McDonnell and his GOP allies were embarrassed last week when accounts leaked of an angry exchange between the governor's top political strategist and the chairman of the Republican caucus in the House of Delegates. McDonnell's aide said House leadership had been "spineless" on the issue.
Republicans are anxious to restart the process and avoid a political meltdown on the issue in January, when the November 2011 legislative elections will start to loom. House Speaker William H. Howell (R-Stafford) said most delegates in the GOP-led House support the proposal in concept, even if they have concerns about the details.
He recommended that McDonnell form a working group of legislators, wholesalers, distillers, retailers and others to hash out a compromise.
"As a former legislator himself, the governor is fully cognizant that the process of involving all stakeholders surrounding an issue, agreeing on general goals and specific provisions and then drafting an actual bill takes time,'' Howell said.
Del. David B. Albo (R-Fairfax) said he and Dels. S. Chris Jones (R-Suffolk) and G. Glenn Oder (R-Newport News) have been asked to meet with the governor's staff to start working on a compromise.
At their first meeting, Albo said, they brainstormed about ways to make up the $47 million in lost state revenue. "We learned retailers are willing to pay a lot of money for licenses,'' he said. "There's more money to be made on liquor."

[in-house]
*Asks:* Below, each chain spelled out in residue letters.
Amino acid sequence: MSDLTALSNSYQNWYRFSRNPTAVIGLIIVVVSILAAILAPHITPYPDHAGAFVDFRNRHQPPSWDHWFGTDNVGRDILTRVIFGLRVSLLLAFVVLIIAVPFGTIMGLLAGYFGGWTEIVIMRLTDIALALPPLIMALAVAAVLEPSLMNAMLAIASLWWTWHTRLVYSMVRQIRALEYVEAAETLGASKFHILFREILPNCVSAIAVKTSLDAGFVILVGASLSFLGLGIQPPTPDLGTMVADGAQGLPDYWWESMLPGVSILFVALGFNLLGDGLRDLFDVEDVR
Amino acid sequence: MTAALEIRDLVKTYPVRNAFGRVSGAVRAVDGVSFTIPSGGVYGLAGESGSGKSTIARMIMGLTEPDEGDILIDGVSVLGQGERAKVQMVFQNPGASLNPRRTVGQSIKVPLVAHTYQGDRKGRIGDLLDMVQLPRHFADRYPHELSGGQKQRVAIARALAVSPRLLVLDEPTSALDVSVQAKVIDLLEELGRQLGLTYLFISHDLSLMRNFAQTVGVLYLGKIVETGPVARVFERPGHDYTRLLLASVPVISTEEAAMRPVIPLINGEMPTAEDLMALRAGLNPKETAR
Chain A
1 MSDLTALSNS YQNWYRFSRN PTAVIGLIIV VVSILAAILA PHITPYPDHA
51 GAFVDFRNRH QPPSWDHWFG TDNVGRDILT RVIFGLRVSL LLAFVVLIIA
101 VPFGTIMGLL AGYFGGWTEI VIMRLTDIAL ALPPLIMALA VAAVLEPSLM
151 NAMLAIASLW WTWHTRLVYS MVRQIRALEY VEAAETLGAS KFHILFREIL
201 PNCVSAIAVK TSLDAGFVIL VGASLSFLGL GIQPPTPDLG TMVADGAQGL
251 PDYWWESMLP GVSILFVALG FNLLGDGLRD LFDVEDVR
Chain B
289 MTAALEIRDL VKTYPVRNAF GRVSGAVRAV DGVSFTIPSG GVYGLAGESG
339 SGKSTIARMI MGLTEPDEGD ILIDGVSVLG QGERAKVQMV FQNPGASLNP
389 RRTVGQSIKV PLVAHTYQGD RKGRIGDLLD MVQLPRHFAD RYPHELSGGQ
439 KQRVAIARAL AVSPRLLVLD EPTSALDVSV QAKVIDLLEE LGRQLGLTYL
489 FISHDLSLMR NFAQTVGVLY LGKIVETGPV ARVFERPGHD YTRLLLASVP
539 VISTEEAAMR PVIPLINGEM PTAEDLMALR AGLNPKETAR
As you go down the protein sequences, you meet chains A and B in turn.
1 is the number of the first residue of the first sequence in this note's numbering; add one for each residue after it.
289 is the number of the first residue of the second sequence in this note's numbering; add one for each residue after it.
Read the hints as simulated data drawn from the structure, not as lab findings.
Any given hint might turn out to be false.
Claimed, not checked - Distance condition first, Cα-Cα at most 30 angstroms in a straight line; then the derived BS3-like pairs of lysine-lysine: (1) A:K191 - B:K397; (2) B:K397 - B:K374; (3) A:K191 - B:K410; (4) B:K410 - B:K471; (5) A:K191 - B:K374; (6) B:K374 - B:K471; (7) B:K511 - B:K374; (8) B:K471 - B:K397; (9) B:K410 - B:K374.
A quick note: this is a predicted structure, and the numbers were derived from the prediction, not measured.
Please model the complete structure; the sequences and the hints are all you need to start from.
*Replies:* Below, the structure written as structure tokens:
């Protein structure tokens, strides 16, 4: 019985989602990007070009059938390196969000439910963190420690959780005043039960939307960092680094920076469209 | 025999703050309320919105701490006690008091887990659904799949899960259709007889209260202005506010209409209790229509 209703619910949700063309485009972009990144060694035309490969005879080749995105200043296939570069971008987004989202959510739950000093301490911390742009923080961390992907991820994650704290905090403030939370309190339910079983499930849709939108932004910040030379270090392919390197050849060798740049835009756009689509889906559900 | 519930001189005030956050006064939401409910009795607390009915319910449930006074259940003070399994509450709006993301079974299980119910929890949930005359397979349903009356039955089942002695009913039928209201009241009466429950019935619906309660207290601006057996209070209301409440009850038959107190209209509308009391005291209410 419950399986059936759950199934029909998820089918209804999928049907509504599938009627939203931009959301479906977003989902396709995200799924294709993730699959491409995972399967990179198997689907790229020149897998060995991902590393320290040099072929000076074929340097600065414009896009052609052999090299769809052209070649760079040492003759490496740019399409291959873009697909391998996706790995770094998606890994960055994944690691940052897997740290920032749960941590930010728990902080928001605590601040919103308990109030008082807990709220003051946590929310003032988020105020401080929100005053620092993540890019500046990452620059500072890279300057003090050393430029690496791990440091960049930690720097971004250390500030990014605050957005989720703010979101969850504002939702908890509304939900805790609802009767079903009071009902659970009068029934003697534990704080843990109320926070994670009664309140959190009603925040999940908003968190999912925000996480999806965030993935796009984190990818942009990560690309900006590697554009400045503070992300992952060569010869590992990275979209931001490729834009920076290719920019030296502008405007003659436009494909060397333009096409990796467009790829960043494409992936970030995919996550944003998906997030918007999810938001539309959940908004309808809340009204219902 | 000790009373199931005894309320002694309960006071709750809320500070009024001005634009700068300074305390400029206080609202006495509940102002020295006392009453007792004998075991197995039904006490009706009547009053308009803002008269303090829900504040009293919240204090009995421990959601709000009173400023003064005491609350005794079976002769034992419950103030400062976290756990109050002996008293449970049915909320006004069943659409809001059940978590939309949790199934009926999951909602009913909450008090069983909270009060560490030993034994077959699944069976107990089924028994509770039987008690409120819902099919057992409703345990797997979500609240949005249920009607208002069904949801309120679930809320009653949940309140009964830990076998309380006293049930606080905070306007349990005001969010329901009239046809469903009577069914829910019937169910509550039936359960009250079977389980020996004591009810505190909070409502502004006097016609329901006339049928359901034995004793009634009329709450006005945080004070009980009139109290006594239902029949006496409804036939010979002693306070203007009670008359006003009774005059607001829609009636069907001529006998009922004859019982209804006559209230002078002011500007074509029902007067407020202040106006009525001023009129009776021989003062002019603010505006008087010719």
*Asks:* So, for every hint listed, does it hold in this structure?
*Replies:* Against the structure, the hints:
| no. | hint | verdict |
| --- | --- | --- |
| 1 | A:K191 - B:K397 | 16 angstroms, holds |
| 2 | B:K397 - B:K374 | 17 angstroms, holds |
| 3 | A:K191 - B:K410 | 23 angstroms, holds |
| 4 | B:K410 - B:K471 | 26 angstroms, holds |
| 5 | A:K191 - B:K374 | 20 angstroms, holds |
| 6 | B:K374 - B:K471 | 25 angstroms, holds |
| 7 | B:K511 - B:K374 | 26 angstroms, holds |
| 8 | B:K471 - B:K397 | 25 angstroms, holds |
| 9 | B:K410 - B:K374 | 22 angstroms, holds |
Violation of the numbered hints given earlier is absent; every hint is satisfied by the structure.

But Albo said the group is considering looking at whether the state should give up only the retail stores while maintaining its monopoly on liquor wholesaling and distribution.
"I just don't think the math works," he said of trying to privatize the entire system.
But even if a new plan can draw support in the House of Delegates, McDonnell will still face a tough sell in the state Senate, where Democrats hold a slim majority.
Democrats have said for years that fixing state roads is a multiyear, multibillion-dollar project that will require a tax increase - not just the one-time cash infusion that would be generated by the ABC sale.
They have also questioned whether the state should triple the number of outlets selling hard liquor. And they have made clear that they will not vote for a plan that cuts into the $260 million in liquor profits and taxes generated by the ABC system for schools, police and public health.
"I just don't see it," said Senate Majority Leader Richard L. Saslaw (D-Fairfax). "The numbers aren't there."
McDonnell finished his first legislative session last winter with modest victories in economic development and education, intentionally limited goals that he set for himself because of a multibillion-dollar budget shortfall.
He put off many of the ambitious pledges he made on the campaign trail last year, such as finding additional funding for roads, shifting more money to public schools and making progress toward a goal of having state colleges award an additional 100,000 degrees over 15 years.
He will ask the General Assembly to take on much of that agenda in January. The General Assembly generally meets just once a year, alternating between a 60-day session and a 46-day session.
Governors have often convened special sessions to focus attention on complex policy proposals. But by delaying the ABC plan to the regular legislative session, which opens Jan. 12, McDonnell will improve his ability to negotiate with lawmakers because they will be seeking his support on hundreds of other issues.